Charles Dharapak, Associated Press
In this Oct. 30, 2013 photo, President Barack Obama speaks at Boston's historic Faneuil Hall about the federal health care law. Now is when Americans start figuring out that President Barack Obama's health care law goes beyond political talk, and really does affect them and people they know.

Outcry over Obamacare's rollout has been so significant and widespread that the temporary diversion in public opinion created by the government shutdown has completely disappeared. Calling the inability of the website to function properly a "glitch" and promising to fix it, the president pleads for patience, saying that "The law is more than just a website."

Indeed it is. It has the look of "bait and switch" about it.

Both before and after it passed, President Obama very specifically and repeatedly promised people who had coverage that they liked that they would be able to keep it. In 2009, at the beginning of his presidency, he said, "No matter how we reform health care, we will keep this promise to the American people. If you like your doctor, you will be able to keep your doctor, period. If you like your health care plan, you'll be able to keep your health care plan, period. No one will take it away, no matter what."

In 2012, throughout his campaign, he kept beating the same drum: "If you're one of the more than 250 million Americans who already have health insurance, you will keep your health insurance. This law will only make it more secure and more affordable."

The website undoubtedly will be fixed; however long it may take, the "plumbing" of the structure will finally work. What will not be fixed, unless there is legislation, is the fact that the president's repeated promise to millions of Americans will not be kept. Projections of how many will see their existing plans shut down is now up to 17 million, with millions more seeing very significant increases in the amount they will have to pay for insurance. So much for "more secure and more affordable."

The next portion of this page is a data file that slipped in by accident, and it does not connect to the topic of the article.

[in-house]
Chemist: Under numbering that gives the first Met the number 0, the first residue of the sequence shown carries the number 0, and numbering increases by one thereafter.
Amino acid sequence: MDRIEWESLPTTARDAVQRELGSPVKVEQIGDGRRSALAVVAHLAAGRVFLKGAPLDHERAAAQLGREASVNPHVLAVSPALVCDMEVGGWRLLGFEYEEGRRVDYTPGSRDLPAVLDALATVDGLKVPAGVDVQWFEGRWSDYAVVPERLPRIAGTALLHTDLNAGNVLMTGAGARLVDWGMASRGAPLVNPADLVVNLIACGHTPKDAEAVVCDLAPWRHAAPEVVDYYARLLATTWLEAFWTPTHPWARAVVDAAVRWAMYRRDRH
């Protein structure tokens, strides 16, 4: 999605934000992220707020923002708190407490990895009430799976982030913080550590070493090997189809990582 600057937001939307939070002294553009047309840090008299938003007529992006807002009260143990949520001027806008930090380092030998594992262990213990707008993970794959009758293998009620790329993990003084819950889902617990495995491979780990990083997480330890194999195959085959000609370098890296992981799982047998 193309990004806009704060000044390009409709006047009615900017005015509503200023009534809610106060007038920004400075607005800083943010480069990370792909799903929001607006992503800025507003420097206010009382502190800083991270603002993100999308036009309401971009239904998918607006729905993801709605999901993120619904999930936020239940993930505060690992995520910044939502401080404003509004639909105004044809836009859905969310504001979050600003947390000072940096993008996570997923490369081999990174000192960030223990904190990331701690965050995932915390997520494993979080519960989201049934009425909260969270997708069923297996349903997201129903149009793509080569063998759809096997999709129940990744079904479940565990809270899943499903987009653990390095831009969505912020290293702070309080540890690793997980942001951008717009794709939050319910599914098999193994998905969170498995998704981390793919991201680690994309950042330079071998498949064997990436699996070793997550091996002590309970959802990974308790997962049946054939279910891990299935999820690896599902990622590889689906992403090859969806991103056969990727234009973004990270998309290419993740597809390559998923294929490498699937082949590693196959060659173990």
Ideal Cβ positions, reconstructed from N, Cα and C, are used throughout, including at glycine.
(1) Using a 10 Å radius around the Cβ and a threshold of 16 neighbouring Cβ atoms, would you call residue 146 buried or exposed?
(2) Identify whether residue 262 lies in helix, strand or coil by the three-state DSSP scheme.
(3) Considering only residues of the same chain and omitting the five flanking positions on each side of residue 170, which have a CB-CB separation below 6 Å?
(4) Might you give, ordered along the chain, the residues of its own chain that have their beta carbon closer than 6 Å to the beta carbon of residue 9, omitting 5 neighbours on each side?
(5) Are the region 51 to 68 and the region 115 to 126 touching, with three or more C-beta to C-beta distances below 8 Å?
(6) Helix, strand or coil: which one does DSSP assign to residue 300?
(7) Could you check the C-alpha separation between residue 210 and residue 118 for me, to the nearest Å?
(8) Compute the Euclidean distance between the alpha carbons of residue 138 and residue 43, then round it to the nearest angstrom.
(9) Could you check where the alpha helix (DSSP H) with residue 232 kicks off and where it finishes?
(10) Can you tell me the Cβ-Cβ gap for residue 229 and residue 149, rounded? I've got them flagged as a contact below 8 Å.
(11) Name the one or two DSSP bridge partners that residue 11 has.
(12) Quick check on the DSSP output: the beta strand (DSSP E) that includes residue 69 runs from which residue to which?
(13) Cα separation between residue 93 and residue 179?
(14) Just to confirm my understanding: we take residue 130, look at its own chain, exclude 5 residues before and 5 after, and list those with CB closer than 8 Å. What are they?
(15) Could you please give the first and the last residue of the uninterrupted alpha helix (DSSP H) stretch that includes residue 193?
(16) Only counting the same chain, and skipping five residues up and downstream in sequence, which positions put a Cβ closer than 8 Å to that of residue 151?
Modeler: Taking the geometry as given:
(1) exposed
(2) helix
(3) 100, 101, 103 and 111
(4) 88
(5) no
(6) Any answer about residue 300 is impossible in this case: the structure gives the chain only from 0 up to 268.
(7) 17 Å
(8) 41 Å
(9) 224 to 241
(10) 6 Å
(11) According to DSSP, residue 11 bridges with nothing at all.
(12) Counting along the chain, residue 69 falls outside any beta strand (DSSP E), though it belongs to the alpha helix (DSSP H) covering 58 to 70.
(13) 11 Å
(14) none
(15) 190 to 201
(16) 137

This is clearly not "a glitch," something that caught people by surprise. Officials in the Obama administration knew all along that a large number of people would lose their current plans. The president is now almost denying that he ever said they wouldn't. Consider his recent explanation; what he really meant was that you could keep "health insurance that works." The administration's definition of "what works" is whatever is consistent with Obamacare. To those who are complaining about that, he said, "If you're getting one of these letters, just shop around in the new marketplace. That's what it's there for. ... You're going to get a better deal."

That's a far cry from the assurances he gave before the rollout began, which is why the sense of outrage is building.

President Obama loves to say that Obamacare is really nothing more than Romneycare and that Republican complaints about it are based entirely on partisanship. He forgets that the writing of the Massachusetts law was a bipartisan exercise, a Republican governor working with a Democratic legislature. Everyone knew in advance what was in it and how it would work. It had some glitches but no real surprises. Its bipartisan heritage is one of the reasons why it now enjoys an approval rating over 80 percent.

In Washington, there were many Republicans willing to work with the Obama administration in an effort to get the same kind of result for the nation. I know because I was one of them. However, we were soon told that our inputs and insights were not welcome and Obamacare, with all of its glitches and surprises, emerged as an entirely Democratic product. It's not selling very well.

Moral: When you're working on a major change in America and want to get public support, don't hide what you're up to and don't try to do it on your own.

Robert Bennett, former U.S. senator from Utah, is a part-time teacher, researcher and lecturer at the University of Utah's Hinckley Institute of Politics.